A total of 561 patients were seen in our outpatient clinic during the 10-year interval with an associated diagnostic code for leukopenia/neutropenia. One hundred and ninety-nine were excluded due to incomplete data or inadequate follow up period, 35 patients for known malignancy, 14 for known rheumatologic
disorder, and 122 for being on active chemotherapy. The
remaining 191 patients were reviewed for data analysis. Patient
demographics are summarized in Table 1.
A total of 116 patients (61%) were tested for ANA, of which
27 (23%) were positive. Twenty two of those 27 (81%) patients
were referred to rheumatology, 6 of whom were diagnosed with
rheumatologic diseases (22%). RF was tested in 110 patients
(58%), of which 15 were positive (14%); all were referred to
rheumatology, with 5(42%) being diagnosed with rheumatologic
diseases. Test results, referral rate and rheumatologic diagnosis
are listed in Table 2.
*3 patients were no shows. ** 1 patient developed T-LGL
The majority of patients who were diagnosed with
rheumatologic disorders had associated findings suggestive of
underlying disease - 3 patients with systemic lupus erythematosus
(SLE) had mild thrombocytopenia (100-150K/uL), 1 patient with
mixed connective tissue disease had Raynaud’s phenomenon,
3 patients with rheumatoid arthritis (RA) had arthralgias and 1
had myalgias, all with correlating physical exam or radiographic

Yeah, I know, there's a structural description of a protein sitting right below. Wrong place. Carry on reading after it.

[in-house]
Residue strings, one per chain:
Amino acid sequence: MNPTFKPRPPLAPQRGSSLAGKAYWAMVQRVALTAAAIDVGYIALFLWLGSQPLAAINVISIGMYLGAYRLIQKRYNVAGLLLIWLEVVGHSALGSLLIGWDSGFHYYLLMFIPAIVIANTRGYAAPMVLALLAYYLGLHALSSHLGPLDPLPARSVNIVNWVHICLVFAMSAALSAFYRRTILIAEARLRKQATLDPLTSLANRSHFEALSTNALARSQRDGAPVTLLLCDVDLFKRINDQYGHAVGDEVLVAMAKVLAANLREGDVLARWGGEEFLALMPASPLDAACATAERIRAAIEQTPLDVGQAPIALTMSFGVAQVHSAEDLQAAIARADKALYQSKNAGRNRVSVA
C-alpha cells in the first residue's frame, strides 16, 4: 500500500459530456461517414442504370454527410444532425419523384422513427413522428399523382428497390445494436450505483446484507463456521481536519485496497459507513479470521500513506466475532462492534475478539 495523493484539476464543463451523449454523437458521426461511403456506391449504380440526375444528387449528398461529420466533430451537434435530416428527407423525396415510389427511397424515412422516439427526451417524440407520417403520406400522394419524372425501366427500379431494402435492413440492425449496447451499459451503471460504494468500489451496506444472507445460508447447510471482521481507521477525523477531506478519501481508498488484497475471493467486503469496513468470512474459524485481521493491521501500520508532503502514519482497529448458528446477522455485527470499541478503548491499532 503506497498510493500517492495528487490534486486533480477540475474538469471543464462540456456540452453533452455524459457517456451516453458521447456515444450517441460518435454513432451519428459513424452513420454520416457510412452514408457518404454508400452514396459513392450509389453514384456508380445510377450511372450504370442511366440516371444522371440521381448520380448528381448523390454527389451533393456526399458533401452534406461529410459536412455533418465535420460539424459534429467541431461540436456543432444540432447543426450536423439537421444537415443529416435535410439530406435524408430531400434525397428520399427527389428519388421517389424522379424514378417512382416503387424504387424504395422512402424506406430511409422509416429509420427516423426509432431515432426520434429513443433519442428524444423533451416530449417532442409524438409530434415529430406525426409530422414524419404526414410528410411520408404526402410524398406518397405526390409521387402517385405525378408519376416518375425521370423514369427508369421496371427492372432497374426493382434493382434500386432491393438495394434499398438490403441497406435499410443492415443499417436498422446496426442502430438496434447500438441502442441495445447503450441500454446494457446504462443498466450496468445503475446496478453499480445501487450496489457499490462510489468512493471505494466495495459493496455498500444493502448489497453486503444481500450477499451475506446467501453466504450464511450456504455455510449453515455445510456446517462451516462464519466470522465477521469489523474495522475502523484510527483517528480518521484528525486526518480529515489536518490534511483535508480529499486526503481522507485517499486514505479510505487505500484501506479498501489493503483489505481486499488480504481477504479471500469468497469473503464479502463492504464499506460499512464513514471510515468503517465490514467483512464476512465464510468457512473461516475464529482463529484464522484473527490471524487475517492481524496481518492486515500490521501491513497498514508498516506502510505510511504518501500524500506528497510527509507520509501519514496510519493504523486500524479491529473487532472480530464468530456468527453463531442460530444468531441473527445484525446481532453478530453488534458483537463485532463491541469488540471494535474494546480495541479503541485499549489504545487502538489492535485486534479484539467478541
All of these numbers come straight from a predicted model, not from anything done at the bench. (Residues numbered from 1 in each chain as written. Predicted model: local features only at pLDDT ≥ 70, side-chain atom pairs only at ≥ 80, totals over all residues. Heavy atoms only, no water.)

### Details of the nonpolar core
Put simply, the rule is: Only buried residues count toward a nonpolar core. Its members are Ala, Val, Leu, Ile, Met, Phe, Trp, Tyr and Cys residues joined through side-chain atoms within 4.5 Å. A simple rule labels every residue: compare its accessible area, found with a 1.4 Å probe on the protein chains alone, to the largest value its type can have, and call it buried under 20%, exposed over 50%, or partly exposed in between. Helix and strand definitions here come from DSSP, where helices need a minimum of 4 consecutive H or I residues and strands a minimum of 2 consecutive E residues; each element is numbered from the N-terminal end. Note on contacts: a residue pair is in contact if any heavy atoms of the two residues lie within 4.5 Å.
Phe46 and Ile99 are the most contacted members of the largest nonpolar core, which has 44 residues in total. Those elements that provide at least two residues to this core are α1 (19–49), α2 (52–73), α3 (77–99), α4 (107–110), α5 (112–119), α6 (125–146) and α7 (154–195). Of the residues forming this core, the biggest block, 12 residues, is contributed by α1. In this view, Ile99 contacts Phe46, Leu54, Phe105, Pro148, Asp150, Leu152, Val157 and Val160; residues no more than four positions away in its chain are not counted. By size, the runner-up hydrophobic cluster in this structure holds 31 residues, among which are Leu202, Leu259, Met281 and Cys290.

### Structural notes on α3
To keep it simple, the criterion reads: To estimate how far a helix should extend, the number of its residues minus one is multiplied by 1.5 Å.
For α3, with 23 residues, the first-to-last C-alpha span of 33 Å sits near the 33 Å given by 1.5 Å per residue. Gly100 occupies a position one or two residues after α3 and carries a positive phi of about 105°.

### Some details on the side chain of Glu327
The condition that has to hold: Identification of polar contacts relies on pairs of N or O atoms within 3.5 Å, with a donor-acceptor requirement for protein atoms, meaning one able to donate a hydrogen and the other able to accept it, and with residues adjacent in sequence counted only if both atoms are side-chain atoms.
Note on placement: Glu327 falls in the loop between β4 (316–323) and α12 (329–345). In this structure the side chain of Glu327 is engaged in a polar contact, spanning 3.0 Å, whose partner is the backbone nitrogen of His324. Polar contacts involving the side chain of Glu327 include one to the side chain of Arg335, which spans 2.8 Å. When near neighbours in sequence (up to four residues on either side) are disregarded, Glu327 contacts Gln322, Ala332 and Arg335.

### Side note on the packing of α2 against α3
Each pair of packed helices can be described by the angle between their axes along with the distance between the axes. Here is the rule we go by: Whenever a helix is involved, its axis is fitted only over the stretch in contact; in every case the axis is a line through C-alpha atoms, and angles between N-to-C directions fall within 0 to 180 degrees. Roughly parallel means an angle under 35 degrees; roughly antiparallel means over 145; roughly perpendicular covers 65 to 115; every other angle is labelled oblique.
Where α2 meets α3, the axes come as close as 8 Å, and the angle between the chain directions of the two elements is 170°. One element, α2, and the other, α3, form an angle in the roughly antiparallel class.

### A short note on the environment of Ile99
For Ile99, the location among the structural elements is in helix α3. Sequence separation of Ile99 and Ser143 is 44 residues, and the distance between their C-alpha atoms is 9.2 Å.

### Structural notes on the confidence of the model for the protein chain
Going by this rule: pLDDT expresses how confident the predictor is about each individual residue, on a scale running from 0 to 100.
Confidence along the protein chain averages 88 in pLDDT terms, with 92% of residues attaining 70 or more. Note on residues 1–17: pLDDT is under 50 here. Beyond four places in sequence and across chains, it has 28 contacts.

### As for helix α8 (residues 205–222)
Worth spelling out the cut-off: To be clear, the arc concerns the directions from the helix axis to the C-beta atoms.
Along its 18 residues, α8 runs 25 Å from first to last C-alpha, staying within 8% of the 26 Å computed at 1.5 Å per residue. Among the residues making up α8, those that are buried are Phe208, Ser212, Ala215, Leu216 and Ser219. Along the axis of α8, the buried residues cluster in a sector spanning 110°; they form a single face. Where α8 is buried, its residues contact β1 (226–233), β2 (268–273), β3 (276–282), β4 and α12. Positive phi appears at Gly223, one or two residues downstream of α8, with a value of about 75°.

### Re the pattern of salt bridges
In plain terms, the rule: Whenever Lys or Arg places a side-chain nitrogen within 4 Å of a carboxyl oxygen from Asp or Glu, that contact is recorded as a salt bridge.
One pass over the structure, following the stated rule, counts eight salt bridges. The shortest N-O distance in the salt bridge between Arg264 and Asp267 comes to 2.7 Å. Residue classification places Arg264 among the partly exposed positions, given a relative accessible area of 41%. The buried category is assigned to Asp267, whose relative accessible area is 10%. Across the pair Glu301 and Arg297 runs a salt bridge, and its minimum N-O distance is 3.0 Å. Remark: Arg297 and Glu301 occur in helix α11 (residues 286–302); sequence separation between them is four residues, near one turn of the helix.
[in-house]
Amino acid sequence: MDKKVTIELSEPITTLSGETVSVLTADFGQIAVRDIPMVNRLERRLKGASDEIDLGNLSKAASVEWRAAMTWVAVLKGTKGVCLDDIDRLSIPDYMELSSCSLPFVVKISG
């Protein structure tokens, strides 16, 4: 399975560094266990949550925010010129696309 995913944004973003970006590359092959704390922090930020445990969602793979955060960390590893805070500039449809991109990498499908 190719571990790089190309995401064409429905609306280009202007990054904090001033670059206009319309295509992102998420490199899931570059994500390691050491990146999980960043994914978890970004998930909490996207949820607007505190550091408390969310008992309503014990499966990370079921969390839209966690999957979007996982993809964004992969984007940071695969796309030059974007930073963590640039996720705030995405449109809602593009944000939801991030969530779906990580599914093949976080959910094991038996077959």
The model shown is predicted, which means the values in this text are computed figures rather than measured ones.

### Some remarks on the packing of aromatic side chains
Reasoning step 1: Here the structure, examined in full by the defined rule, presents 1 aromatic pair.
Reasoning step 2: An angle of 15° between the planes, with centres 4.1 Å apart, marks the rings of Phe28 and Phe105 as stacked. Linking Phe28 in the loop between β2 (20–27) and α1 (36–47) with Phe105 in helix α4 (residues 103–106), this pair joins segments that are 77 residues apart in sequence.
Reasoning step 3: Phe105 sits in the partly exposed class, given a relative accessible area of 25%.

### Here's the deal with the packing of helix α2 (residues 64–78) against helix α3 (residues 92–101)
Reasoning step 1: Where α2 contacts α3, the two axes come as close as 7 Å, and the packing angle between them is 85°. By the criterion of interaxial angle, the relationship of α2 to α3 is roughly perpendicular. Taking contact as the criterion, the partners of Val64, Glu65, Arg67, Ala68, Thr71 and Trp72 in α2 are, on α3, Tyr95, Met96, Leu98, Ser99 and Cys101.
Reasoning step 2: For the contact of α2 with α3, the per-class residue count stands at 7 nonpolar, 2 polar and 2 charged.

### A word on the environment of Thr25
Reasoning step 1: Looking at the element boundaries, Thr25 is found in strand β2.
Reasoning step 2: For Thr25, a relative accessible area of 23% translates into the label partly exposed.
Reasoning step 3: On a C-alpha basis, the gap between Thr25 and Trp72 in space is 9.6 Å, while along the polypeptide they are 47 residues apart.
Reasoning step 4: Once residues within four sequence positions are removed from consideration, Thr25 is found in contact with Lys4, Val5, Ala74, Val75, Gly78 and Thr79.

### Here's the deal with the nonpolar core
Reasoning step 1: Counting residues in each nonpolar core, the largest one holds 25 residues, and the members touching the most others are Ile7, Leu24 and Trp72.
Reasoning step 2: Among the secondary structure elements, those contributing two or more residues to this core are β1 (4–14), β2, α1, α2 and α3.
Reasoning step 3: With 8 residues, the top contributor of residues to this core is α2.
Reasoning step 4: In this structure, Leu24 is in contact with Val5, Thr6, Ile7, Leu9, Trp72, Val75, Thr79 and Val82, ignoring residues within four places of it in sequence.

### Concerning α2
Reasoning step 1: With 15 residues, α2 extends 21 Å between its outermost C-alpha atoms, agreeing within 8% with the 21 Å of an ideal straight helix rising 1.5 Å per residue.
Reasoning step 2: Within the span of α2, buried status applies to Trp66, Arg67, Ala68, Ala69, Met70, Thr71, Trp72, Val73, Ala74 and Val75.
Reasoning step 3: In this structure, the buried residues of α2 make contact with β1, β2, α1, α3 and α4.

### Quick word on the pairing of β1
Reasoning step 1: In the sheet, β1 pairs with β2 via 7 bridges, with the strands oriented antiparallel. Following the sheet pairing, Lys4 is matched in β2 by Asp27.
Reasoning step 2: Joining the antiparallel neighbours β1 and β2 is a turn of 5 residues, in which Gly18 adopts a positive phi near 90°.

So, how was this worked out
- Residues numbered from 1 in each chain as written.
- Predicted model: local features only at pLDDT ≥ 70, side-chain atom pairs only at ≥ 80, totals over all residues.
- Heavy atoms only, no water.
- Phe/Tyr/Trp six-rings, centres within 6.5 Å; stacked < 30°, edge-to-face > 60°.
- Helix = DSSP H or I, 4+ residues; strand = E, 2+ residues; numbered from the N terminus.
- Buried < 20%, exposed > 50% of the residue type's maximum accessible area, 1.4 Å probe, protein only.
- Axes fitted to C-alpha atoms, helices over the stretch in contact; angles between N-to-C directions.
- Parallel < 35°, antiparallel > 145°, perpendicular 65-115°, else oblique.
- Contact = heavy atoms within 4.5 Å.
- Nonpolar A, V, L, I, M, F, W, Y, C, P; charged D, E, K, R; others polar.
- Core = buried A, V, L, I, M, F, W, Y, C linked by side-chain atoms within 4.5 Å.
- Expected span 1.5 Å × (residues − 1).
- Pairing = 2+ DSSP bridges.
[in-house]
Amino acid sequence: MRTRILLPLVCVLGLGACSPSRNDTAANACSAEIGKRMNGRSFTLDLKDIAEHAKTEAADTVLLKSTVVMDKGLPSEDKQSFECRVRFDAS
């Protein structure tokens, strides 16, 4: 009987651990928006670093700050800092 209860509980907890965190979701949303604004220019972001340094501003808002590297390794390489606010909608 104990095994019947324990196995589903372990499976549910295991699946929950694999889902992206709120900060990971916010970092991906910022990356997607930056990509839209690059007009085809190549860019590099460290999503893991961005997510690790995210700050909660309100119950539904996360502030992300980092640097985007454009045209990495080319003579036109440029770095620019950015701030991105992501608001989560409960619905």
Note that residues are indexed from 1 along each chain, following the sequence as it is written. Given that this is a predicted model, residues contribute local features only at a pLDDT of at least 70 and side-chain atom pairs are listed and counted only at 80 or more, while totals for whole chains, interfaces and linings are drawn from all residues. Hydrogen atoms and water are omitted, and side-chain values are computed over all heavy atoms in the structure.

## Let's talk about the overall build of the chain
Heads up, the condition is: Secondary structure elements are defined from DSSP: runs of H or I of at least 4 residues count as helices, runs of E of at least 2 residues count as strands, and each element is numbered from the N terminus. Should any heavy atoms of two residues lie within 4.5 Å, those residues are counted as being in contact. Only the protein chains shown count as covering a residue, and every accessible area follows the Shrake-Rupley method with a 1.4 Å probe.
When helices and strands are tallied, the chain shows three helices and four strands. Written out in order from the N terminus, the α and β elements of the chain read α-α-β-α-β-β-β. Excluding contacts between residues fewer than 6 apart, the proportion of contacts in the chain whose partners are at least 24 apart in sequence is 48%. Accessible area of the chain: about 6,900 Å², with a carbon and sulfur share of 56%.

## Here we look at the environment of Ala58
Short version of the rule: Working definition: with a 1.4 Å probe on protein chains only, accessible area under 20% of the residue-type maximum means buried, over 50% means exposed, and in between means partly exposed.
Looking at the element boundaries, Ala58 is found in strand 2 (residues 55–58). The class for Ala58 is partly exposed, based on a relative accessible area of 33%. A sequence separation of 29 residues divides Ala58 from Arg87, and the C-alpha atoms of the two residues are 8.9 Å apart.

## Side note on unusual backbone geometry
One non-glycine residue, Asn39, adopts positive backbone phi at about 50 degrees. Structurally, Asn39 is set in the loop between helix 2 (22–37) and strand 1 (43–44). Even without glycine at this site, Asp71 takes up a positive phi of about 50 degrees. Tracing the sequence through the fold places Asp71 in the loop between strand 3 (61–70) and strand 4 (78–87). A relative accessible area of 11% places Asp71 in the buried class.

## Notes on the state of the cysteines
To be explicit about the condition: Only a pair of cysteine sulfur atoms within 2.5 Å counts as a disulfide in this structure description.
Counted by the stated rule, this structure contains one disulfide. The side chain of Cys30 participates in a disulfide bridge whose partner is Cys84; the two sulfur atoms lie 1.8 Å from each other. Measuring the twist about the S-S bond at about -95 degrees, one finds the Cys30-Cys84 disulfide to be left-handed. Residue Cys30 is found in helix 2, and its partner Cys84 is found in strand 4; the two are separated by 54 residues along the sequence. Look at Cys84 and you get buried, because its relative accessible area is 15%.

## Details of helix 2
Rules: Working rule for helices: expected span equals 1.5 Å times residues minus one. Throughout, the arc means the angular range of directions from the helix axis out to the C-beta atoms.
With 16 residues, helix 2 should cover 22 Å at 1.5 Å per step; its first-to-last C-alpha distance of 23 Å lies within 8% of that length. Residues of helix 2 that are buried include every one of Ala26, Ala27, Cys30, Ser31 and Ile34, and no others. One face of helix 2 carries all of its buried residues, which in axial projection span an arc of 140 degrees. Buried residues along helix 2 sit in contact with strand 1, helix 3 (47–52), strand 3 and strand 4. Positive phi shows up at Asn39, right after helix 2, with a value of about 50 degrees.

Other alternative diagnoses for leukopenia/neutropenia
included drug induced, viral and bacterial infections, hematologic
malignancies, ethnic neutropenia, transient leukopenia, and
Leukopenia can be the result of a primary bone marrow
disorder (myelodysplastic syndrome, myelofibrosis, leukemia)
or a secondary phenomenon as a result of drugs, infection, and
autoimmunity, amongst others. Autoimmune neutropenia can be
primary, occurring in infancy, or secondary in the context of an
autoimmune disorder which usually manifests in adulthood .
The strongest autoimmune association can be made for large
granular lymphocytic leukemia (LGL) and Felty’s syndrome with
rheumatoid arthritis. While the former’s mechanism in causing
neutropenia is unclear, the latter is related to humoral immunity
with antineutrophilic antibodies, although testing for these
antibodies may be unhelpful in diagnosis [2,3]. The treatment
of neutropenia in LGL is with low doses of methotrexate or
cyclophosphamide [4,5], while in Felty’s syndrome treatment of
the underlying RA is often sufficient .
The mechanism of neutropenia in SLE is multifactorial,
including increased neutrophil apoptosis, antineutrophilic
antibodies, and bone marrow dysfunction from antibodies towards
hematopoietic stem cells [7-10]. The degree of neutropenia often
mirrors disease activity and most often responds to immune
suppression. Other connective tissue diseases have a similar
pathophysiology to SLE.
Ambulatory hematology consults for leukopenia/neutropenia
are a common occurrence in practice. Our study showed that
11 patients out of 191 (6%) were found to have an associated
rheumatologic disorder, with the majority having other signs/
symptoms or associated lab abnormalities suggestive of
autoimmune disease. This study shows that testing for ANA and
RF in patients with leukopenia/neutropenia is of limited clinical
utility in asymptomatic patients with no other lab abnormalities,
and it should not be part of a routine work up, unless directed
by symptoms. Primary care providers need to screen for other
abnormalities (symptoms/clinical findings) in order to identify
patients that would benefit most from subspecialty referral.